No one in the Alabama camp would be happy today if the Crimson Tide had opened its football season–and the Mike Shula Era–with a loss. But no one would have been suggesting that Bama had made a mistake in hiring Shula, either. Judging a head football coach on one game would be irresponsible. Good coaches–Bryant, Stallings, Franchione–have lost their first games at Bama and gone on to success. But a win is preferred.
It was reasonable to be apprehensive prior to Alabama's 40-17 victory over South Florida. The littany of Alabama problems is a long and familiar one: Dennis Franchione and his staff deserted the Crimson Tide at a critical juncture last December; Mike Price arrived in time to do some preventive maintenance in rebuilding a staff and recruiting (around Rose Bowl preparation by Price and his staff to take on Oklahoma), and then Price frolicked away the Bama job after spring practice. Enter Shula with no staff and no opportunity for spring practice and no head coaching experience. And throw in the distraction that the opening game opponent was being coached by a man that was once on the short list to be Bama's coach, and a man–Jim Leavitt–that many considered a superior choice. Alabama can have no championship goals. The cross-state rival is (or, perhaps, was) a national championship contender.
Thus far, Shula has a good record for saying the right things and (more important) for doing things that are working. He has made what appear to be excellent staff decisions and has put a representative team on the field. Shula retained the defensive staff of the Price regime, and that defense was very good against a fast, well-coached South Florida offense. He selected an outstanding special teams coach and Bama, which probably would have ranked among the worst in the nation in its kicking game last year, got big boosts from its special teams Saturday.
When things went bad in the opening half (and it was inevitable that things would go bad sometime, probably sooner than later), Shula was the calm leader his team–-and particularly his quarterback–-needed. Trailing South Florida by 17-7, Shula gathered the veteran players around and reminded them they had faced tough times before.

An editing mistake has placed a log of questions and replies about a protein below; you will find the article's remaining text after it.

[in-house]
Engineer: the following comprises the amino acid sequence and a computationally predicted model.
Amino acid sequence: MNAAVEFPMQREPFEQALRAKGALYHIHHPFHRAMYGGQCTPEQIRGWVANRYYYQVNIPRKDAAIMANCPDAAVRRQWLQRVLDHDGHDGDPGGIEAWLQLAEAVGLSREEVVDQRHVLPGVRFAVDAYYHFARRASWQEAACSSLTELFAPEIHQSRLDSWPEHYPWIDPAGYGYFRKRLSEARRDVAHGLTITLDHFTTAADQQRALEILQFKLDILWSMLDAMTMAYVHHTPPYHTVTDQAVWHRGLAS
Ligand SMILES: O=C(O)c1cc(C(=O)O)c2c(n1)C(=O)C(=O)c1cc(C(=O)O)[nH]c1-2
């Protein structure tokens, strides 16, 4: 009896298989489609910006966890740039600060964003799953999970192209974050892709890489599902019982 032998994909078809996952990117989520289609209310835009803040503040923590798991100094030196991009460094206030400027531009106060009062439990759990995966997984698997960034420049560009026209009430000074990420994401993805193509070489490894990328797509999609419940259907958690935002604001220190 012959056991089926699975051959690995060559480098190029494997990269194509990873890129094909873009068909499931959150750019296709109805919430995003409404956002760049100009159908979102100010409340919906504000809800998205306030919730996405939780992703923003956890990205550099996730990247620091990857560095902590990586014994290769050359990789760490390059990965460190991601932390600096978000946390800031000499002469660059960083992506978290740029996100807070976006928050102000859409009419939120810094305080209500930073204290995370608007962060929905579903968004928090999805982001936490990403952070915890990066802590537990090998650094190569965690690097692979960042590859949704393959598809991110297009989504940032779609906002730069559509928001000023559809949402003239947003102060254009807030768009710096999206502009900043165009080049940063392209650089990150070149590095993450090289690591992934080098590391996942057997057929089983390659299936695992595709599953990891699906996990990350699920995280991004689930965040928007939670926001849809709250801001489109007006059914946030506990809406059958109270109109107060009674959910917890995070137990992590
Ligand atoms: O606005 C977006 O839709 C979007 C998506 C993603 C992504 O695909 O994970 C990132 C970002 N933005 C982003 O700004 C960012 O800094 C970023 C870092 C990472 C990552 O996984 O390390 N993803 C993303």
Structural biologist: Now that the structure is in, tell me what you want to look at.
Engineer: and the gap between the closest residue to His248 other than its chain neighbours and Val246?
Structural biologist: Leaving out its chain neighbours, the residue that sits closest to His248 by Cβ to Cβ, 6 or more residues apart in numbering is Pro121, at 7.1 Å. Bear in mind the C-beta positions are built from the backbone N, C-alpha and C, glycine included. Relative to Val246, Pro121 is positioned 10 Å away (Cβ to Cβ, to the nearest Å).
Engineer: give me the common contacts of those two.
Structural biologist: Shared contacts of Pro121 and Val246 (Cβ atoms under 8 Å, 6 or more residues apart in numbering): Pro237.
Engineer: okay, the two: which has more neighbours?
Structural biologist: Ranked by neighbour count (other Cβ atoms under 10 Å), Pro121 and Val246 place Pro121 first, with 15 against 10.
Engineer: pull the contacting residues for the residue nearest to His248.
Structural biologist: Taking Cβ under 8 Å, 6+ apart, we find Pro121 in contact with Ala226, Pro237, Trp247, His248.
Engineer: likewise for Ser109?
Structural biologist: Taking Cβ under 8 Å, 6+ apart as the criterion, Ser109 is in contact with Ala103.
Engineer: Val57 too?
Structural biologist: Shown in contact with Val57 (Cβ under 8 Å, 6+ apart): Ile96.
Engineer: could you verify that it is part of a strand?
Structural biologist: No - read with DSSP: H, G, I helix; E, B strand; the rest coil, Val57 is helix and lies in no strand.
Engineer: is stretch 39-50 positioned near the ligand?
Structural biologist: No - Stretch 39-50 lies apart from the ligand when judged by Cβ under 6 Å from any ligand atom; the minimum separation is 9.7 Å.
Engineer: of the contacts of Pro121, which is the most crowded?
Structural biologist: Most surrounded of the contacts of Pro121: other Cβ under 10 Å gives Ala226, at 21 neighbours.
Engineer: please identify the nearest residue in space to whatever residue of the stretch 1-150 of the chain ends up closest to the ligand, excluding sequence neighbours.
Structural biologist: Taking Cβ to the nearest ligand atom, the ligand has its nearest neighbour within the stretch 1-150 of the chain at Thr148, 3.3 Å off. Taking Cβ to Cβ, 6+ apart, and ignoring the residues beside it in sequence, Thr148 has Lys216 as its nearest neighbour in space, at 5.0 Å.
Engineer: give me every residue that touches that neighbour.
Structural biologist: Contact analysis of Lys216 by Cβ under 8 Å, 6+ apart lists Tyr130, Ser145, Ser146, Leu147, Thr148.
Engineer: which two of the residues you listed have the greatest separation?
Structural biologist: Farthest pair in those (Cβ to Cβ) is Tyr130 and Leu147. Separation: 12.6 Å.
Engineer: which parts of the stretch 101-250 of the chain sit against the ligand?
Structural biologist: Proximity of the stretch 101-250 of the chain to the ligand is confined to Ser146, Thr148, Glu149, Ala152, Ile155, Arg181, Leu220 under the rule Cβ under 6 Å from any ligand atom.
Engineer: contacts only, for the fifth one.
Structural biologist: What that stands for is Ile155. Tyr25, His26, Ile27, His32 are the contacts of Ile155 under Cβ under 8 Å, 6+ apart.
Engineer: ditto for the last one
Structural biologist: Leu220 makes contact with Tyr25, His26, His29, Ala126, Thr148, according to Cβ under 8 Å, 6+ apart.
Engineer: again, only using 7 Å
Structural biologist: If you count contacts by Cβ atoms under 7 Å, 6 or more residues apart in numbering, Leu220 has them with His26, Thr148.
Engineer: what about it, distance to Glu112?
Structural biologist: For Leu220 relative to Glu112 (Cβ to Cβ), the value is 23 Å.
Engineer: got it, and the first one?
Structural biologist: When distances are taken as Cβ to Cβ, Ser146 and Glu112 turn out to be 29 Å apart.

Now Alabama's football team faces another tough task, hosting the nation's number one team. And Shula is saying the right things. He points out that one reason Alabama fell behind South Florida is that South Florida has a very good football team. But he said Oklahoma will be better, that the Sooners deserve their number one ranking. And he also says that Alabama players will always go onto the field expecting to win.
Saying the right thing is important. More than that, Shula is determined to do the right thing. "We want to be known as a team that plays for 60 minutes," he said. But that doesn't just happen. He and Strength Coach Ben Pollard came up with a plan to have Bama well-conditioned, and it was obvious Saturday that the Crimson Tide was in better shape than South Florida.
Shula said that his football team will be one that expects to win every time it goes on the field. Not many others will expect Alabama to defeat Oklahoma Saturday. But the Sooners' 37-27 victory last year was by a deceptively wide margin. Oklahoma was ranked second in the nation a year ago and took on an Alabama team that did not appear to be confident. Still, the Tide had forged into the lead until barely two minutes remained when Oklahoma took the lead, then got a final seconds cheap touchdown.
Don't look for Alabama to lack for confidence Saturday. In short time the Shula plan has Alabama performing well on offense, defense, and in the kicking game. First down plays are not predictable. Penalties were at a minimum for an Alabama team, much less an Alabama team in its first game and with little preparation time.
Shula has said what all coaches facing adversity say, that he doesn't worry about what he can't control. What Shula is doing something about is things he can control, and early evidence is that he is doing it right.
Nothing can give Mike Shula the experience of Bob Stoops, who will be coaching Oklahoma. But it wasn't that long ago that Stoops was a young, inexperienced coach who was leading Oklahoma to upsets.
Oklahoma has a veteran team, veterans who will remember how Alabama offensive and defensive lines began man-handling them in the second half in Norman a year ago. And Alabama veterans will remember that, too.
A confident Crimson Tide in its first game of the year in Bryant-Denny Stadium with an innovative offensive coach in charge could mean a very satisfactory Bama Saturday.